In frogs, one effect of arsenic is to cause a ready peeling or stripping of the whole cuticle some hours after hypodermic injection (Ringer and Murrell). In man, small doses, continued for a limited time, improve the skin-condition, and often (but not always) impart freshness and ruddiness to the complexion, while in animals they render the hairy coat more glossy and bright. Kohler remarks that since arsenic is eliminated by the sweat-gland (especially when they are acting vicariously for the kidneys), there is nothing remarkable in its modifying the circulation and nutrition of the skin, and its effects are explained by a capillary congestion and the presence of more blood in the superficial vessels, and this again has been attributed to a vaso-motor palsy allowing dilatation of such vessels.

Rabuteau thinks such a view cannot be accepted, because temperature is not raised as it is in experimental vaso-motor palsy - i.e., after sections of sympathetic. This, I think, is a question of degree - the rise might be more or less according to the amount of paralysis induced by a drug - it would not be so complete as after section. Moreover, Harless reports a distinct rise, though recent experiments indicate a fall of temperature as the more usual condition connected with arsenical action (Lolliot). Rabuteau prefers to explain the florid color by an "altered appearance of the globules."

When the drug is omitted after continuous use, an opposite condition -one of pallor and anaemia - is said to follow (Medical Times, ii., 1854). Certainly arsenic, if long continued, leads to an unhealthy, dry, and somewhat scaly condition of skin, which has been called by some pityriasis, and by others even psoriasis, though I have never seen anything like a true case of the latter malady thus caused. Rabuteau observes,

"We never see squamous affections from arsenic, contrary to the assertions of homoeopaths" ("Elements," p. 200).

Perhaps the extreme and most characteristic cutaneous result of arsenical saturation is a brown color of the face and various parts of the body (Kirchgasser: Centralblatt fur Med., 1868). It is not common, but has been sometimes seen in such a form as to resemble argryria. Prof. Wilson gives the following illustration: - A lady had taken for fifteen months comparatively large doses of arsenic for gutta rosacea, and two months after commencing the medicine, a change of color had been noticed in the skin, first over the abdomen, then on the breast, neck, face, and hands. When seen by Prof. Wilson the face was yellowish-brown, the eyeball dark, the whole body colored more or less; chronic erythema affected the palms, there were hard dry points at the sweat-glands, the eyelids and the extremities were oedematous (Journal of Cutaneous Medicine, vol. i., p. 354). In some of Mr. Hogg's cases, children got a "dusky skin-eruption in patches" from arsenical wall-papers (British Medical Journal, i., 1879). Such a condition depends not on chemical combination (as with silver) but on abnormal pigmentation (Gubler).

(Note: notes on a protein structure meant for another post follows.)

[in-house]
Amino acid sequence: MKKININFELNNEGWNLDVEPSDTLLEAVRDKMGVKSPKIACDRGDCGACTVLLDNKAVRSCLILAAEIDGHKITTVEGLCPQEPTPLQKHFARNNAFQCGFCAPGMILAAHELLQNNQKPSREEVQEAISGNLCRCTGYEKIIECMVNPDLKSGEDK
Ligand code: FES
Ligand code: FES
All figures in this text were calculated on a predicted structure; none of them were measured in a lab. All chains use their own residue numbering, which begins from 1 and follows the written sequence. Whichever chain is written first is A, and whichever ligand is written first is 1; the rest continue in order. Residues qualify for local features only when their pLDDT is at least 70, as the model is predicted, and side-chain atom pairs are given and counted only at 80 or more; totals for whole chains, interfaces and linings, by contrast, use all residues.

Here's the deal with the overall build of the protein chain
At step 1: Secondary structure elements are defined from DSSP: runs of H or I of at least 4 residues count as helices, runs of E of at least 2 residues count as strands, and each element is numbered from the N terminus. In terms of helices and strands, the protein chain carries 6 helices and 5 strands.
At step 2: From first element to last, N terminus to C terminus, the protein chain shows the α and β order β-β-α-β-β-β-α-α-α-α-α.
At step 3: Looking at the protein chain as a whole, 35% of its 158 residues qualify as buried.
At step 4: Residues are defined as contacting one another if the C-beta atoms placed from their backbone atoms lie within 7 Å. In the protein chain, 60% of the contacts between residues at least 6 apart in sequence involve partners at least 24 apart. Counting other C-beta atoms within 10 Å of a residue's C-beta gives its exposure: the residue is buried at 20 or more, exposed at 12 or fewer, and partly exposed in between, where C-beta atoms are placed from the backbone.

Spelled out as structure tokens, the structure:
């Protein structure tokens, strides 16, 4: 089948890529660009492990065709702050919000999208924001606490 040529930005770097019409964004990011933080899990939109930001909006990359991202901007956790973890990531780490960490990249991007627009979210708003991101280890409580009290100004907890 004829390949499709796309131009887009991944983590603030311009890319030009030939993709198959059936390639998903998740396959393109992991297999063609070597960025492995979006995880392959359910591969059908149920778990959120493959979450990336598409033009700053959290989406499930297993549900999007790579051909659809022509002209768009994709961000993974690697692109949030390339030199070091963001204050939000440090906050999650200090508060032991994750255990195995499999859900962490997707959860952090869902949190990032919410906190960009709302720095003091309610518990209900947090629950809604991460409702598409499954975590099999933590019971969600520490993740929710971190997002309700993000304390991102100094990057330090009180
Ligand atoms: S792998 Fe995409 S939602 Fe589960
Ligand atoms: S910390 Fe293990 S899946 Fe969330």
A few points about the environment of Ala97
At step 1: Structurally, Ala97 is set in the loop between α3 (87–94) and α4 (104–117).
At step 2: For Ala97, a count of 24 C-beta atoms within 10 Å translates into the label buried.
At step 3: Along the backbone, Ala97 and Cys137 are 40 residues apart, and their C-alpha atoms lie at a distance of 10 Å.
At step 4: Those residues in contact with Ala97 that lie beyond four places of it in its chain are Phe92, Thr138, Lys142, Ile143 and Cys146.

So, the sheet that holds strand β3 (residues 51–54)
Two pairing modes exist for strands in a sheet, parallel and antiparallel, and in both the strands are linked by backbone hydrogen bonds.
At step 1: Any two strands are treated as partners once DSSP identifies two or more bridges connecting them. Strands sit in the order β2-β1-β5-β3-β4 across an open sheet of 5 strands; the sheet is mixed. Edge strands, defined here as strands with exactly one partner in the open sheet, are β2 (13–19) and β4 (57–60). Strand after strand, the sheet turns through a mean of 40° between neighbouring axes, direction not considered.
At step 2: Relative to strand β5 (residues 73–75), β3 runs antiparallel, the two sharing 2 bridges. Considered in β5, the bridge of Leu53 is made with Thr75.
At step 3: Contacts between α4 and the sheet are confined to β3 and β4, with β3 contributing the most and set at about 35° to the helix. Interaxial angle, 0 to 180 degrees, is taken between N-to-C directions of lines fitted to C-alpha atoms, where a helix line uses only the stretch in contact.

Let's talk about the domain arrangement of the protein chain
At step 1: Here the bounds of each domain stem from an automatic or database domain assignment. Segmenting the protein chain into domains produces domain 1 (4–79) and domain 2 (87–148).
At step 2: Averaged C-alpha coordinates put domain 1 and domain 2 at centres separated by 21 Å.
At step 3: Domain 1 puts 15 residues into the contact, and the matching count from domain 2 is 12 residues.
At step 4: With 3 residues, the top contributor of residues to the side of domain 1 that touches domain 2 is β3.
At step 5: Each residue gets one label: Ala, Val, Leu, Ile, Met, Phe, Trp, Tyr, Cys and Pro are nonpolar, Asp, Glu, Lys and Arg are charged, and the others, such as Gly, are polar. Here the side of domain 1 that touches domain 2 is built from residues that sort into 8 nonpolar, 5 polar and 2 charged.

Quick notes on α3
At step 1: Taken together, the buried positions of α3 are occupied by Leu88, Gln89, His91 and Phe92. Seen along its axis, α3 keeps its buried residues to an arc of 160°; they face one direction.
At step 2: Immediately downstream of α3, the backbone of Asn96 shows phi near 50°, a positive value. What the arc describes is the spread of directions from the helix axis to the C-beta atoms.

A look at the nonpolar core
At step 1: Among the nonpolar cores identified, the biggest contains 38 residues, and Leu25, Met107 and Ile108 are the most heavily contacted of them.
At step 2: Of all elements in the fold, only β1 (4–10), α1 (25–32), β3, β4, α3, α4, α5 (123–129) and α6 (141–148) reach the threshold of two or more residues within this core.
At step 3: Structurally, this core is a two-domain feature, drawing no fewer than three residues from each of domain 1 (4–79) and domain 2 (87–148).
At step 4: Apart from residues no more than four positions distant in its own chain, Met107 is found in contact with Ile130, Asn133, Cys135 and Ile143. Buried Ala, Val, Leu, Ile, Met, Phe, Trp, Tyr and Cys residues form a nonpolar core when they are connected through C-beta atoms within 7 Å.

Cold clammy perspirations have also been connected with arsenical action, and pustules and ulcerations have sometimes followed it. In acute cases, either of poisoning or of unusual susceptibility to the action of the drug, patches of erythema or of urticaria (local congestions of skin) and even acute general lichen may occur. Macnab recorded an eruption like measles produced by 3-min. doses of Fowler's solution daily for three weeks (Medical Times, i., 1868), and Wyss says that he traced to it a case of alopecia areata - from affection of the trophic nerves of hair-follicles (Archiv der Heilk., 1870, Hft. i.).

Among rarer consequences, erysipelas with bullae has been credited to arsenic, herpes has been traced to it by Mr. Hutchinson, and an obstinate eczema by Dr. Balfour (Edinburgh Medical Journal, 1860). Dr. Imbert Gourbeyre has specially written on arsenical eruptions, and, in cases of acute poisoning when the patient survived several days, has seen them petechial, papular, vesicular, and pustular.

A degree of cutaneous swelling, characteristic enough to have received the name "oedema arsenicalis," usually occurs first about the eyelids and suborbital tissues, and is one of the earliest symptoms of constitutional action. In severe cases it may affect the extremities and even the trunk, and amount to general anasarca, as recorded so early as 1819, (Edinburgh Medical Journal, v., 15). In Dr. Feltz's cases already referred to, there occurred, on the second or third day, swelling of the eyelids and conjunctivae - in some instances of the whole face, with a rash like scarlatina or urticaria. In most of them there was itching of the surface, and scratching gave rise to an urticarial rash; in one man the same eruption, together with herpes, appeared on the scrotum.